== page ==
Natural gas, which is primarily composed of methane, is cleaner than coal when it is burned. But methane is a much more potent greenhouse gas in the short term, compared with carbon dioxide, and it can leak anywhere along the supply chain, from the production wellhead to processing plants to the stovetop. The process of liquefying gas to make it suitable for transport is incredibly energy intensive as well, creating yet more emissions.

Whatever new criteria is used to evaluate CP2 would be expected to be applied to the other 16 proposed natural gas terminals that are awaiting approval.

Scientists have overwhelmingly said that nations must deeply and quickly cut the emissions from burning gas, oil and coal if humanity is to avoid climate catastrophe. Last month at the United Nations climate summit in Dubai, the United States joined 196 other countries in promising to transition away from fossil fuels.

More than 150 scientists signed a Dec. 19 letter to Mr. Biden, urging him to reject CP2 and the additional proposed facilities. “The magnitude of the proposed build out of LNG over the next several years is staggering,” they wrote. Approving new terminals would “put us on a continued path toward escalating climate chaos,” the letter said.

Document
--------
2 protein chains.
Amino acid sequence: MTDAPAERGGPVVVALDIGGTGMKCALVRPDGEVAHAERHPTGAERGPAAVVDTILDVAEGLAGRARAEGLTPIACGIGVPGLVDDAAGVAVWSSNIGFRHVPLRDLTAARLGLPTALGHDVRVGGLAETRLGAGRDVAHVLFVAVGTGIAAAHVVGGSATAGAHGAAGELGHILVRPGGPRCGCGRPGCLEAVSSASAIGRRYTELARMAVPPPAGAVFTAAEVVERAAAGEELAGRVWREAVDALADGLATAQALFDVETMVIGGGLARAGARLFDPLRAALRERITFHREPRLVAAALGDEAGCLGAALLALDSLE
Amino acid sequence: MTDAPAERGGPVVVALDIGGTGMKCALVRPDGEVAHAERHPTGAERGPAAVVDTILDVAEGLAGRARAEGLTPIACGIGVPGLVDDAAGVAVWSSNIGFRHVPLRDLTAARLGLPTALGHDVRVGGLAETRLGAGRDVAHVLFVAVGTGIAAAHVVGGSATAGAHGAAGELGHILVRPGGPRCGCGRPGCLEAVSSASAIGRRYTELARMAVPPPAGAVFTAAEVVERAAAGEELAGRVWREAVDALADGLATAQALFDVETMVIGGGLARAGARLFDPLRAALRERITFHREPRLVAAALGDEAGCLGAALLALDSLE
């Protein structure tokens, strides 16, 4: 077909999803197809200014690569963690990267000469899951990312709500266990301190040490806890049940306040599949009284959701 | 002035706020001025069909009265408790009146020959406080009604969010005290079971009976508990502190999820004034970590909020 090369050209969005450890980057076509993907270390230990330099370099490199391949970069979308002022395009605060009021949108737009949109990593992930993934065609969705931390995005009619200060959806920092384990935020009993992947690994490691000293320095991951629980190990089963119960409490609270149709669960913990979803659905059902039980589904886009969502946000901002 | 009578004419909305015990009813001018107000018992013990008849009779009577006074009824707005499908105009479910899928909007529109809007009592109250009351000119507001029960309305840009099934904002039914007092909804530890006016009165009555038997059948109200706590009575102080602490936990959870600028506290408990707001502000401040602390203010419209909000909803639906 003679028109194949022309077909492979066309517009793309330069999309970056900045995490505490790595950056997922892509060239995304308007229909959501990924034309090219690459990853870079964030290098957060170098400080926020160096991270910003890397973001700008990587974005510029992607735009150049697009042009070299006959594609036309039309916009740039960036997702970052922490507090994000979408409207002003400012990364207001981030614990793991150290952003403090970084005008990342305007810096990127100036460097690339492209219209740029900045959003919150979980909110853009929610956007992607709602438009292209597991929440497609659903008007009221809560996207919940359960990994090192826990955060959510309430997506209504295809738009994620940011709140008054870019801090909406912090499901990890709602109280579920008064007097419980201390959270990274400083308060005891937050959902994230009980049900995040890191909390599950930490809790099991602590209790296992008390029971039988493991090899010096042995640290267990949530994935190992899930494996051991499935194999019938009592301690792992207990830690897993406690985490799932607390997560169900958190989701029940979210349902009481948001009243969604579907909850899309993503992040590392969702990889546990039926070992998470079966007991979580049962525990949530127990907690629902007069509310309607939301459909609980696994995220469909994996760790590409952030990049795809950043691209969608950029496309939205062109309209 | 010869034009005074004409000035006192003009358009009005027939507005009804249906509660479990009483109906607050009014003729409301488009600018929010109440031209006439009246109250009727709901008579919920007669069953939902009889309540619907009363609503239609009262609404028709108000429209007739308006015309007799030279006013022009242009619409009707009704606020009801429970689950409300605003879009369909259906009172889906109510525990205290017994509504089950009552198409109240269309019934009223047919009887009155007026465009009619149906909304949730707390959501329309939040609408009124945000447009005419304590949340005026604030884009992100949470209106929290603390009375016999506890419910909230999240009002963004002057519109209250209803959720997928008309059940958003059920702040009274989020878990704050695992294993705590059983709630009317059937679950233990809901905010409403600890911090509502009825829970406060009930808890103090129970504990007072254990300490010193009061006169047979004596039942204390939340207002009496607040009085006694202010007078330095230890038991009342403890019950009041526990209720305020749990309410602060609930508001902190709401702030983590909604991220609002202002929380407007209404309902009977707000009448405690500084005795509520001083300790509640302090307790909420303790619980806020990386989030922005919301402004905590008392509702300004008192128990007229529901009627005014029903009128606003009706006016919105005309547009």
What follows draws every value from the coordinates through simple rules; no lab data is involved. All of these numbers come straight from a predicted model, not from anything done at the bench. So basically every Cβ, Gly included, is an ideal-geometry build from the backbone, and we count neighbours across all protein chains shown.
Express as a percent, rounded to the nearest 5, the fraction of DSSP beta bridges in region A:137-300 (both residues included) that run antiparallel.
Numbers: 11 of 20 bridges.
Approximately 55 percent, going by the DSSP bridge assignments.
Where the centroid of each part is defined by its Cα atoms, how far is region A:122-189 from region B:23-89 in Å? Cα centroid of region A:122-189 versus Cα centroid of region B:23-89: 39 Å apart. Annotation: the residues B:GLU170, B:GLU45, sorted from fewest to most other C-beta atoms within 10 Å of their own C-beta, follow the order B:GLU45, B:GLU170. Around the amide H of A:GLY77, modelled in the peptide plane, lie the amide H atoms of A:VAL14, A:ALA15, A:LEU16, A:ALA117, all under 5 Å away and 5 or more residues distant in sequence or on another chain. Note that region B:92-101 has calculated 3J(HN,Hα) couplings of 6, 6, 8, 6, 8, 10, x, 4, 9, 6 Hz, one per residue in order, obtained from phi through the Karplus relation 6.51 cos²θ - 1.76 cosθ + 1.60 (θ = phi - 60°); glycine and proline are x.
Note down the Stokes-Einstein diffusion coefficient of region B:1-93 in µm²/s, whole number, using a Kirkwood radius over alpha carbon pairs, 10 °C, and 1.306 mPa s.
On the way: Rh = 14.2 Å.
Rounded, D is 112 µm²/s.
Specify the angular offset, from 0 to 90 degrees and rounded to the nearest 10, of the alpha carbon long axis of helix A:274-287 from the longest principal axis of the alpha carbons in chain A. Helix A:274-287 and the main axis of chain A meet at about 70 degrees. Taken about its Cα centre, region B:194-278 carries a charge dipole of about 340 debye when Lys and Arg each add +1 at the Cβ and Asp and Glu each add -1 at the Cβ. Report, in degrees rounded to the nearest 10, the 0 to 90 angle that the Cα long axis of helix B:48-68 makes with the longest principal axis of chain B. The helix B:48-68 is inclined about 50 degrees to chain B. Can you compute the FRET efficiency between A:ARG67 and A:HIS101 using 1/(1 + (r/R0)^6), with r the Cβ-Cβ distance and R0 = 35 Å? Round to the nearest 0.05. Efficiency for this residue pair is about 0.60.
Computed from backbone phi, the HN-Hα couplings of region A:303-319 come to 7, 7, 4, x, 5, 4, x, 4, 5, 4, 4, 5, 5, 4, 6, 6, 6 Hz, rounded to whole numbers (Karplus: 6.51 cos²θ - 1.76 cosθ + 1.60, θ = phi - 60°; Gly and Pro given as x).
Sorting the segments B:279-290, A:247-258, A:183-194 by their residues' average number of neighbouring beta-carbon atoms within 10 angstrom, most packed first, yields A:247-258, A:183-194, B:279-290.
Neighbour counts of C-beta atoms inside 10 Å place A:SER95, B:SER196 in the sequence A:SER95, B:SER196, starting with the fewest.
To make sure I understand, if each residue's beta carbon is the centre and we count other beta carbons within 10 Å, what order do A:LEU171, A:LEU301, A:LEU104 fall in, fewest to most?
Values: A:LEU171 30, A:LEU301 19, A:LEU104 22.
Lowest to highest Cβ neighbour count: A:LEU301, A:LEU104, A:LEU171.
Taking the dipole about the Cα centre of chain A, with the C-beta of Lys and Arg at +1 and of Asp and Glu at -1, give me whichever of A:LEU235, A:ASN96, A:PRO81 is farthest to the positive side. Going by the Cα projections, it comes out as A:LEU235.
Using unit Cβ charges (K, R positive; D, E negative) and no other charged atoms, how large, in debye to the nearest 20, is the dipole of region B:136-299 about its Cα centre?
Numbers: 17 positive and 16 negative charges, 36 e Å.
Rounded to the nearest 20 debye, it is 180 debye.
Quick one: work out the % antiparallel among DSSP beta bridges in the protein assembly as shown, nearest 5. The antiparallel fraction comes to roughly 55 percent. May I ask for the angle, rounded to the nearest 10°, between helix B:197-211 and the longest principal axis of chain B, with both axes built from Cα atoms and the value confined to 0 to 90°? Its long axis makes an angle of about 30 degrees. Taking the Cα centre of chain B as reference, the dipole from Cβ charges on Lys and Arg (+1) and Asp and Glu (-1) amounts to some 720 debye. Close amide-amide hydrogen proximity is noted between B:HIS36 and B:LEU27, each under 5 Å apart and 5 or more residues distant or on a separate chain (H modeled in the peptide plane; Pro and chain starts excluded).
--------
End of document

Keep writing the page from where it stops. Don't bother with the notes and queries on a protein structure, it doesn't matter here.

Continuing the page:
Given the scientific imperative, experts say that it is reasonable to consider climate impacts before building new gas export terminals.

“So far there is really no requirement to consider the cumulative climate, economic or market impact of all those facilities,” said Ben Cahill, a senior fellow in the energy security and climate change program at the Center for Strategic and International Studies, a nonpartisan research organization. “And it’s a very valid question.”

Shaylyn Hynes a spokeswoman for Venture Global LNG, the Virginia-based company that wants to build CP2, wrote in an email that “it appears the administration may be putting a moratorium on the entire US LNG industry. Such an action would shock the global energy market, having the impact of an economic sanction, and send a devastating signal to our allies that they can no longer rely on the United States.”

A delay of many months could jeopardize the financing for CP2. Venture Global LNG, has other gas export terminals that have already run into equipment and shipping problems and legal disputes.

That’s exactly the hope of climate activists who launched a social media campaign last fall to urge Mr. Biden to reject CP2.

“We see CP2 as stopping the first fraction of the largest LNG build out to date,” said Alex Haraus, a 25-year-old Colorado social media influencer who has led a TikTok and Instagram campaign aimed at urging young voters to demand that Mr. Biden reject the project. His posts have received about 7 million views on TikTok and Instagram.

I was among many who picketed the White House against Keystone XL. And I have been thrown out of a FERC meeting for speaking against LNG. This is a very welcome decision. But is it enough?

 -jsq, John S. Quarterman, Suwannee RIVERKEEPER®